(2)

A waste that has as a constituent any substance specified in Part 2 has the characteristic of being an organic peroxide if that waste is thermally unstable and may undergo exothermic self-accelerating decomposition.

9 Characteristic of being acutely poisonous

A waste has the characteristic of being acutely poisonous if that waste is, if it is swallowed or inhaled, or if it has been in contact with skin,—

(a)

liable to cause death or serious injury; or

(b)

liable to harm human health.

10 Characteristic of being infectious

A waste has the characteristic of being infectious if—

(a)

that waste contains viable micro-organisms, or toxins of such micro-organisms; and

(b)

those micro-organisms or those toxins are known to cause, or are suspected of causing, disease in animals or humans.

11 Corrosive characteristics

A waste has a corrosive characteristic if that waste, by chemical action,—

(a)

causes severe damage when in contact with living tissue; or

(b)

in the case of leakage, materially damages or destroys its means of transport or other goods.

12 Characteristic that results in liberation of toxic gases on contact with air or water

A waste has the characteristic of resulting in the liberation of toxic gases if that waste, on contact with air or water and by interaction with air or water, is liable to give off toxic gases in dangerous quantities.

13 Toxic characteristic (delayed or chronic)

A waste has a toxic characteristic if that waste, through inhalation, ingestion, or penetration of the skin, may involve delayed or chronic effects, including carcinogenicity.

14 Ecotoxic characteristics

A waste has ecotoxic characteristics if that waste, if released, would or may present immediate or delayed adverse impacts to the environment by means of bioaccumulation, or toxic effects upon biotic systems, or both.

15 Other hazardous characteristics

A waste has other hazardous characteristics if it is capable by any means, after disposal by any of the methods specified in Part 4, of yielding another material (including, for example, leachate) that has any of the characteristics specified in clauses 2 to 14 of this Part.

Part 4 Methods of disposal of wastes

1

Methods of disposal that do not lead to the possibility of resource recovery, recycling, reclamation, direct reuse, or alternative uses—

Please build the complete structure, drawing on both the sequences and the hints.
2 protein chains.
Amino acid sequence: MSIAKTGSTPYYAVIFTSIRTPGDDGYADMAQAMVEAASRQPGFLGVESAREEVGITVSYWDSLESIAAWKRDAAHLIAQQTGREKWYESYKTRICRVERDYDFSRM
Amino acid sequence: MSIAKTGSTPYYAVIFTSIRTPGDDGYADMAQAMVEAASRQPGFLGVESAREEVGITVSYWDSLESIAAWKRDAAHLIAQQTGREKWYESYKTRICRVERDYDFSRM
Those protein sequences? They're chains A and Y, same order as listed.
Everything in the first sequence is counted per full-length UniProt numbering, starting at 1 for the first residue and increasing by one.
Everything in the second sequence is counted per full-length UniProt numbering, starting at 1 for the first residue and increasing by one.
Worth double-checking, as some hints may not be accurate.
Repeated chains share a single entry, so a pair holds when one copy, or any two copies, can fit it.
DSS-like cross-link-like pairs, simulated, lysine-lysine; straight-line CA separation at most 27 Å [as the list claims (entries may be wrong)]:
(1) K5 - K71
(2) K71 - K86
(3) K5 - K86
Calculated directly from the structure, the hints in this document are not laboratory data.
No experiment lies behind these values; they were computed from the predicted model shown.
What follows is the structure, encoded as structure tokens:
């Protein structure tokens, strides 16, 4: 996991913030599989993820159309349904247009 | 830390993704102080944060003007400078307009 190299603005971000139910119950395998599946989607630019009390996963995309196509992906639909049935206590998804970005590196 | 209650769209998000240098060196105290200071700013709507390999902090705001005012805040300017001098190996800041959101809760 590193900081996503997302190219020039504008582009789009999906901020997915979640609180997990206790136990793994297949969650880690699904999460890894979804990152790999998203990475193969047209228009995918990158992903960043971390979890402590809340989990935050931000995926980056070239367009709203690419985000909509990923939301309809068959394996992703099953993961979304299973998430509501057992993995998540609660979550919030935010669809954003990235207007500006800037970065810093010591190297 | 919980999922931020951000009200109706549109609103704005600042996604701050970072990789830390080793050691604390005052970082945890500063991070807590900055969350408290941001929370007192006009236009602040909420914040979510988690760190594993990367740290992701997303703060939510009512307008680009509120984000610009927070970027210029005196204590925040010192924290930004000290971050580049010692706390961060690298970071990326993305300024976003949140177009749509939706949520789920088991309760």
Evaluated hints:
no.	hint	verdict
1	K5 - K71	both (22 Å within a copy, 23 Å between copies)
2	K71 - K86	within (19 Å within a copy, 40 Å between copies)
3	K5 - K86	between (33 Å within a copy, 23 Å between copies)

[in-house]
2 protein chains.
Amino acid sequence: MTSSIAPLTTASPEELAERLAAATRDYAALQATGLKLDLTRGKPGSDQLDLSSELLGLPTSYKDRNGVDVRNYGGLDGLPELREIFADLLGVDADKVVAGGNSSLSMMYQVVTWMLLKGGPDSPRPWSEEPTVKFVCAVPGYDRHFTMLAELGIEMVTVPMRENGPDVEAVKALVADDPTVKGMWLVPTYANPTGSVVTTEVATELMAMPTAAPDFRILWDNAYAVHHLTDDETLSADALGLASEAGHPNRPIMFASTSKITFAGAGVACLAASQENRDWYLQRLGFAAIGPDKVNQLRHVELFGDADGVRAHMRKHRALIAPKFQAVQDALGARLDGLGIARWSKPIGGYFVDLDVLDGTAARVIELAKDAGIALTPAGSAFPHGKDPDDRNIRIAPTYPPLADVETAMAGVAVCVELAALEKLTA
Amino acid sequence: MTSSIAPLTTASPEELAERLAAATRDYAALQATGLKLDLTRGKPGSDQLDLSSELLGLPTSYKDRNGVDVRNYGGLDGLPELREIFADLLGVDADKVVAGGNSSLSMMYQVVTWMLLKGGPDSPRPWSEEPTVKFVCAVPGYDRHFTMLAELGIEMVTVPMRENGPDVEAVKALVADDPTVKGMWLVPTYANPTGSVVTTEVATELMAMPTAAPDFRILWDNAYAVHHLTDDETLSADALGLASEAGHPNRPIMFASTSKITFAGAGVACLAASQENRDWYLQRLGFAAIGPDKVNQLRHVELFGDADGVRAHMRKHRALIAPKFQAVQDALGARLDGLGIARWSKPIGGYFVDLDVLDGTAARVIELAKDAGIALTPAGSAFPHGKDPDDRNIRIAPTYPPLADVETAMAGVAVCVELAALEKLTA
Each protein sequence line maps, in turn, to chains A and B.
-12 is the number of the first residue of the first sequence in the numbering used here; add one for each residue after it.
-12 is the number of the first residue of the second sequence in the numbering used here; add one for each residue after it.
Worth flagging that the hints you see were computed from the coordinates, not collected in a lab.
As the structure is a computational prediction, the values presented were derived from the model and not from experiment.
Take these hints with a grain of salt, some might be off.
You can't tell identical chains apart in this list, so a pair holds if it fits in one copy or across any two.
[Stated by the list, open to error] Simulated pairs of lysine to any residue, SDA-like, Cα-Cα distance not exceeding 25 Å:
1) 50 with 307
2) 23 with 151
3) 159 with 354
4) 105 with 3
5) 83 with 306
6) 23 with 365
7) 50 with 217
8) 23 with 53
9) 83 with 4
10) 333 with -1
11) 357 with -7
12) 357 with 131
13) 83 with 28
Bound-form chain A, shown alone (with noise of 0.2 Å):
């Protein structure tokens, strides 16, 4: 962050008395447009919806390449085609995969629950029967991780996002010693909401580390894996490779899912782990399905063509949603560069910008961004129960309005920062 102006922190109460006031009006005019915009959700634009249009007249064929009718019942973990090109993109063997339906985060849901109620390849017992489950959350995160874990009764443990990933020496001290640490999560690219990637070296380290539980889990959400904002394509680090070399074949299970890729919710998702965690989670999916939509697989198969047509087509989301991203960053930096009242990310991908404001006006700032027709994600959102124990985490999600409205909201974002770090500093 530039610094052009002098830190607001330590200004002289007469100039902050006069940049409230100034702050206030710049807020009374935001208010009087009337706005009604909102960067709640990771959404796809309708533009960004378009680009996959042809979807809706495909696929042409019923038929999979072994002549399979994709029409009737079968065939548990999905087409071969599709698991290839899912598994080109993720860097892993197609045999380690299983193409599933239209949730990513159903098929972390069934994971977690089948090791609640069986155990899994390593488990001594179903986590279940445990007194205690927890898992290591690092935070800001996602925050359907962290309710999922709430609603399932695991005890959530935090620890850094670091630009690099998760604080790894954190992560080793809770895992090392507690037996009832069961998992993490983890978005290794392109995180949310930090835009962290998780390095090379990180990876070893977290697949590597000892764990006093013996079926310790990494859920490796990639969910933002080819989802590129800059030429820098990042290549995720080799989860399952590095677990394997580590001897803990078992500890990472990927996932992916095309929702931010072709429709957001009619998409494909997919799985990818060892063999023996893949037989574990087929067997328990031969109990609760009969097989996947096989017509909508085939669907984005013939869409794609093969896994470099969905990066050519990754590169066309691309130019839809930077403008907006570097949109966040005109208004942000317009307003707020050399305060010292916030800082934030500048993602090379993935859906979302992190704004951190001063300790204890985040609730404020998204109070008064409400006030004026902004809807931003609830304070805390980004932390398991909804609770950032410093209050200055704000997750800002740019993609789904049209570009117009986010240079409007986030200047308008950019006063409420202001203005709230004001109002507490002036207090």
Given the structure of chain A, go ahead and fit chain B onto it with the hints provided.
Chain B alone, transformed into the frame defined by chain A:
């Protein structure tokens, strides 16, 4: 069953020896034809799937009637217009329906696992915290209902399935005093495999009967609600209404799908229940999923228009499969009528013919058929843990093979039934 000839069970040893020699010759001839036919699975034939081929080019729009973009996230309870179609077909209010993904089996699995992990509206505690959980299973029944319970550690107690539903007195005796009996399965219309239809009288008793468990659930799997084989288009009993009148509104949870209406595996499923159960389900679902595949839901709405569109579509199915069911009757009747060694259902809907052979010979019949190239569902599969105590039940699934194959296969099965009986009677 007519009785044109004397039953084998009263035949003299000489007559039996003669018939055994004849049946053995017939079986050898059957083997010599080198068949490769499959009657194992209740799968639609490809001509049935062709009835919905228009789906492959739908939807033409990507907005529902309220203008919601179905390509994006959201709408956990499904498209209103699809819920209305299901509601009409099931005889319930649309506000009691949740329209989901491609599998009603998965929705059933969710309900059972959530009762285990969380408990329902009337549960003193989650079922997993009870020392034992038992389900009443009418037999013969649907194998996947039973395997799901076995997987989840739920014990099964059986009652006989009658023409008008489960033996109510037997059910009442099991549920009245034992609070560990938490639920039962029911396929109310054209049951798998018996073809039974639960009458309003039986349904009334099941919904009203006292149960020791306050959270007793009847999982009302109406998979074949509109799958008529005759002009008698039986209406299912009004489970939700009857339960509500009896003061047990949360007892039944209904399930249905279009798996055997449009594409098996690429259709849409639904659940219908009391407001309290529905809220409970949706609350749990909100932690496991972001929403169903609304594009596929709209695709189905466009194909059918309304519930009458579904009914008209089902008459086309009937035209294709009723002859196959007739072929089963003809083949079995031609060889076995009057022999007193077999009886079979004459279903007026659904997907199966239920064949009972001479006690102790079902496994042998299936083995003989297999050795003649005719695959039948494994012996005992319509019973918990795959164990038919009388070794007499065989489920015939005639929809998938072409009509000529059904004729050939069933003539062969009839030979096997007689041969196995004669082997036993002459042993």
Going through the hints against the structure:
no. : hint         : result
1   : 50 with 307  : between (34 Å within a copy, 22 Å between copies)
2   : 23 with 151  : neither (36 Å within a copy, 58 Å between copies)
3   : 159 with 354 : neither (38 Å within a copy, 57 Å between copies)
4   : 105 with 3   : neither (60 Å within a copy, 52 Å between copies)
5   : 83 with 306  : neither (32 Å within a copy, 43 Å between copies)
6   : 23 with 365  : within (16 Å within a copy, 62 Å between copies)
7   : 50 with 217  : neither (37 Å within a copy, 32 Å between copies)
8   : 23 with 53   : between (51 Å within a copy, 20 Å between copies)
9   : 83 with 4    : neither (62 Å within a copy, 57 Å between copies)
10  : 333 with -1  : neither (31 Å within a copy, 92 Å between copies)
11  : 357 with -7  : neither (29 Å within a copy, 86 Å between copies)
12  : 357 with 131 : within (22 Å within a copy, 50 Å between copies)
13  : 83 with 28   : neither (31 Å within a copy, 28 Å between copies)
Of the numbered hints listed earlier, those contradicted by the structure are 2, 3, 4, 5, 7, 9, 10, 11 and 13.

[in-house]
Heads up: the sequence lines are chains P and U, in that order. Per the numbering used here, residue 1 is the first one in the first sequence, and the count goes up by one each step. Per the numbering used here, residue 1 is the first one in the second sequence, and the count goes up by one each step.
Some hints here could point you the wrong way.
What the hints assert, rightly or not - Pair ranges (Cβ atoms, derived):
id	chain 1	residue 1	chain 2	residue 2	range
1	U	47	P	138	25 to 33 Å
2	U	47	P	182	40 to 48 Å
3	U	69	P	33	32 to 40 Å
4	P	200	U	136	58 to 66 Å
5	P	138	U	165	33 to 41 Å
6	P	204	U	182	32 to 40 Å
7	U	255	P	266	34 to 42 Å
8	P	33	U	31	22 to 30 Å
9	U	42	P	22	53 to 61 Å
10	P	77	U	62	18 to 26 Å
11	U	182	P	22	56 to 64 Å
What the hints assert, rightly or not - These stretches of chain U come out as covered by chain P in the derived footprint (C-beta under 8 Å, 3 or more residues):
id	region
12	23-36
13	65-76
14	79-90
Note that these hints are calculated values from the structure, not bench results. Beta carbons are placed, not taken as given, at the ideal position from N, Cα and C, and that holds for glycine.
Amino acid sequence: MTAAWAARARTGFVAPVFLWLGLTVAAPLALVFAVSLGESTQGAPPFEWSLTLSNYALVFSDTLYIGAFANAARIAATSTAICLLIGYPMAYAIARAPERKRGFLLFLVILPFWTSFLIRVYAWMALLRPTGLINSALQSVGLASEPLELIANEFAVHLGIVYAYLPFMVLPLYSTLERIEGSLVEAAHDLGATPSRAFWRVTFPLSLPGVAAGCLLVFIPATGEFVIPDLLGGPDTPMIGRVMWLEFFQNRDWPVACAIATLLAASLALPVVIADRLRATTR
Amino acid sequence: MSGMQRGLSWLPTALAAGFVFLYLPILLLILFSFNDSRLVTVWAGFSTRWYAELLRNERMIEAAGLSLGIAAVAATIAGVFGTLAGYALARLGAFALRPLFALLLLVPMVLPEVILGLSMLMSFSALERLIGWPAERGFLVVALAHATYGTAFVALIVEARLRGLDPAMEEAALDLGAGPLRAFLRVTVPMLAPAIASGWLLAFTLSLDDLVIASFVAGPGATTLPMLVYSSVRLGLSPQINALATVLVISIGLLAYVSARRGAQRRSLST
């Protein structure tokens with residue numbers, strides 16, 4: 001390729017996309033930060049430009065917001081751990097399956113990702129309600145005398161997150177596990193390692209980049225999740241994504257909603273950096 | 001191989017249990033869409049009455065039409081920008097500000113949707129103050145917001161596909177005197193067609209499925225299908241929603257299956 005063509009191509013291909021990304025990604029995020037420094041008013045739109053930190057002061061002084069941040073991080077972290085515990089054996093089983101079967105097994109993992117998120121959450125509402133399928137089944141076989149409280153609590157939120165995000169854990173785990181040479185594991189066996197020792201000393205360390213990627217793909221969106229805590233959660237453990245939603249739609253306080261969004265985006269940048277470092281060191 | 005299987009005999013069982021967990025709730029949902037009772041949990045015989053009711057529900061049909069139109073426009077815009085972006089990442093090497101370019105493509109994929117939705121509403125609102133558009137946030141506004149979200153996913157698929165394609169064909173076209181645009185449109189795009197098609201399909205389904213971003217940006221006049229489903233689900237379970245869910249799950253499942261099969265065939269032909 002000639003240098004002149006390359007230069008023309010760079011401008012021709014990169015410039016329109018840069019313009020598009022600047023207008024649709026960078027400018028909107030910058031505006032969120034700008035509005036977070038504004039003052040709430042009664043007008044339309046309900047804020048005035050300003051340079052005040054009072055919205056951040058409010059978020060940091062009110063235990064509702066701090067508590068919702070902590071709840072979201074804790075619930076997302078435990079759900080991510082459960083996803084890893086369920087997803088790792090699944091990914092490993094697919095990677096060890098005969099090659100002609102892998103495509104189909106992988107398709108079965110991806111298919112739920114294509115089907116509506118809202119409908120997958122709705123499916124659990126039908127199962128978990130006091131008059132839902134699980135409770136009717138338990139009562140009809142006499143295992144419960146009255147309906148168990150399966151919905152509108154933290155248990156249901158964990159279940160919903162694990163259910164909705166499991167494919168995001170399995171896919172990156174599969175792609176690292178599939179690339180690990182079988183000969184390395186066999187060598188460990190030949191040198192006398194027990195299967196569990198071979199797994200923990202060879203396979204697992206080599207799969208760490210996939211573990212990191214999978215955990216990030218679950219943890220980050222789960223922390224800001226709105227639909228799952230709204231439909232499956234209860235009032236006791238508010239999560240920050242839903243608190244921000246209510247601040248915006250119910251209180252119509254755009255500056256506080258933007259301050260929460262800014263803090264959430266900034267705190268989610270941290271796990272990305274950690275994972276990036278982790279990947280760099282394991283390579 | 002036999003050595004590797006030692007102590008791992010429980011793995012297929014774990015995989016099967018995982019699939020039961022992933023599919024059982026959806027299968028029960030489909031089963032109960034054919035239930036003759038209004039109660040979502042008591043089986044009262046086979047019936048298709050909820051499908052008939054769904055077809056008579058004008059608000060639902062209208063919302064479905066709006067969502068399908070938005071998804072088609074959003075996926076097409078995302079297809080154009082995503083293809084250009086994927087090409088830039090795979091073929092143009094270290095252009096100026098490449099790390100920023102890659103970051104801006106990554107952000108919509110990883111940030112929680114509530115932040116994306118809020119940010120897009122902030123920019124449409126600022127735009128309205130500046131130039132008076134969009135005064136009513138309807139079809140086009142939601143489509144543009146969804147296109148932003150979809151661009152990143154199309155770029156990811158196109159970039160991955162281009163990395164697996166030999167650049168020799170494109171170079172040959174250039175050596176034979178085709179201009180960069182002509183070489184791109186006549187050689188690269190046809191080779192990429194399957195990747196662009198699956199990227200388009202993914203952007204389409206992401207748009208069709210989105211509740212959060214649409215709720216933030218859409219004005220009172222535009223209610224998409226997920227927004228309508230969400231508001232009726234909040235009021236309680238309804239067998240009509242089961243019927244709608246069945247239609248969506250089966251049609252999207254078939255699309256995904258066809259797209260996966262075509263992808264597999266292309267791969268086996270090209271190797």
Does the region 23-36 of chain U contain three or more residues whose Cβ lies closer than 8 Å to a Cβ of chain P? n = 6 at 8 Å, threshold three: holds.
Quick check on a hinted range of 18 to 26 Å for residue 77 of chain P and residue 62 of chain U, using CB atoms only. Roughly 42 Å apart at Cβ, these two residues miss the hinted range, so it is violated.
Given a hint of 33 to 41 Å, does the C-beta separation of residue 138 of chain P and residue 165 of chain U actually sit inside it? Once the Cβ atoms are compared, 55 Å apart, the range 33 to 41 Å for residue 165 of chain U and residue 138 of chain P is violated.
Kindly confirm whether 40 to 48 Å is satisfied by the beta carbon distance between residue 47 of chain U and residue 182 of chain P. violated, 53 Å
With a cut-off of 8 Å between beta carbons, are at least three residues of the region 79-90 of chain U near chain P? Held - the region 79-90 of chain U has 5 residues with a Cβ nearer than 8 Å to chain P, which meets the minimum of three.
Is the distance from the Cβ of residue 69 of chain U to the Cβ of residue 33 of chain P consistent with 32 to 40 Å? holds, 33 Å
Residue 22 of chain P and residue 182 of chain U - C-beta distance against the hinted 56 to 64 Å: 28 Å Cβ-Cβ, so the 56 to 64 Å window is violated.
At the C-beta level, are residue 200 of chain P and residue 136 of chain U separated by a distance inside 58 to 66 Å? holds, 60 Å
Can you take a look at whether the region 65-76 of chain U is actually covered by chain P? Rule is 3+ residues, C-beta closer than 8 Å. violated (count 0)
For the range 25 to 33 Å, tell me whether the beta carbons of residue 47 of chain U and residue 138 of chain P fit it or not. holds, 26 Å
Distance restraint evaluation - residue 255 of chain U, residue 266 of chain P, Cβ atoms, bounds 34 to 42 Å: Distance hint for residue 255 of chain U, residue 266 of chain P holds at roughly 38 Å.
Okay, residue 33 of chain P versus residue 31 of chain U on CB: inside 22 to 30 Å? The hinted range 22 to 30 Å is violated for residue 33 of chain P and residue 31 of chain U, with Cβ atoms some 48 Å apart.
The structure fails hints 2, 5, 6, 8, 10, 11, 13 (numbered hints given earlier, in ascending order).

(a)

deposit into or onto land (including, by way of example only, landfill):

(b)

land treatment (including, by way of example only, biodegradation of liquid or sludgy discards in soils):

(c)

deep injection (including, by way of example only, injection of pumpable discards into wells, salt domes, or naturally occurring repositories):

(d)

surface impoundment (including, by way of example only, placement of liquid or sludge discards into pits, ponds, or lagoons):

(e)

specially engineered landfill (including, by way of example only, placement into lined discrete cells that are capped and isolated from one another and the environment):

(f)

release into a water body (not being sea or an ocean):

(g)

release into a sea or an ocean (including seabed insertion):

(h)

incineration on land:

(i)

incineration at sea:

(j)

permanent storage (including, by way of example only, emplacement of containers in a mine):

(k)

any biological treatment that results in final compounds of mixtures that are discarded by means of any of the methods specified in any of paragraphs (a) to (j) or in paragraph (l):

(l)

physico-chemical treatment that results in final compounds or mixtures that are discarded by means of any of the methods specified in any of paragraphs (a) to (k) (including, by way of example only, evaporation, drying, calcination, neutralisation, or precipitation):

(m)

blending or mixing prior to disposal by any of the methods specified in any of paragraphs (a) to (l):

(n)

repackaging before disposal by any of the methods specified in any of paragraphs (a) to (l):

(o)

storage pending disposal by any of the methods specified in any of paragraphs (a) to (l).

2

Methods of disposal that may lead to resource recovery, recycling, reclamation, direct reuse, or alternative uses, where the waste being disposed of would otherwise have been destined for disposal by any of the methods specified in clause 1, are—

(a)

use as a fuel (other than in direct incineration) or other means to generate energy:

(b)

solvent reclamation or regeneration:

(c)

recycling or reclamation of organic substances not used as solvents:

(d)

recycling or reclamation of metals and metal compounds:

(e)

recycling or reclamation of other inorganic materials:

(f)

regeneration of acids or bases:

(g)

recovery of components used for pollution abatement:

(h)

recovery of components from catalysts:

(i)

re-refining of used oil, or other re-uses of previously used oil:

(j)

land treatment resulting in a benefit to agriculture or in ecological improvement:

(k)

uses of residual materials obtained from any of the methods specified in any of paragraphs (a) to (j):

(l)

exchange of wastes for disposal by any of the methods specified in any of paragraphs (a) to (k):

(m)

accumulation of material intended for disposal by any of the methods specified in any of paragraphs (a) to (l).

Diane Morcom,
Clerk of the Executive Council.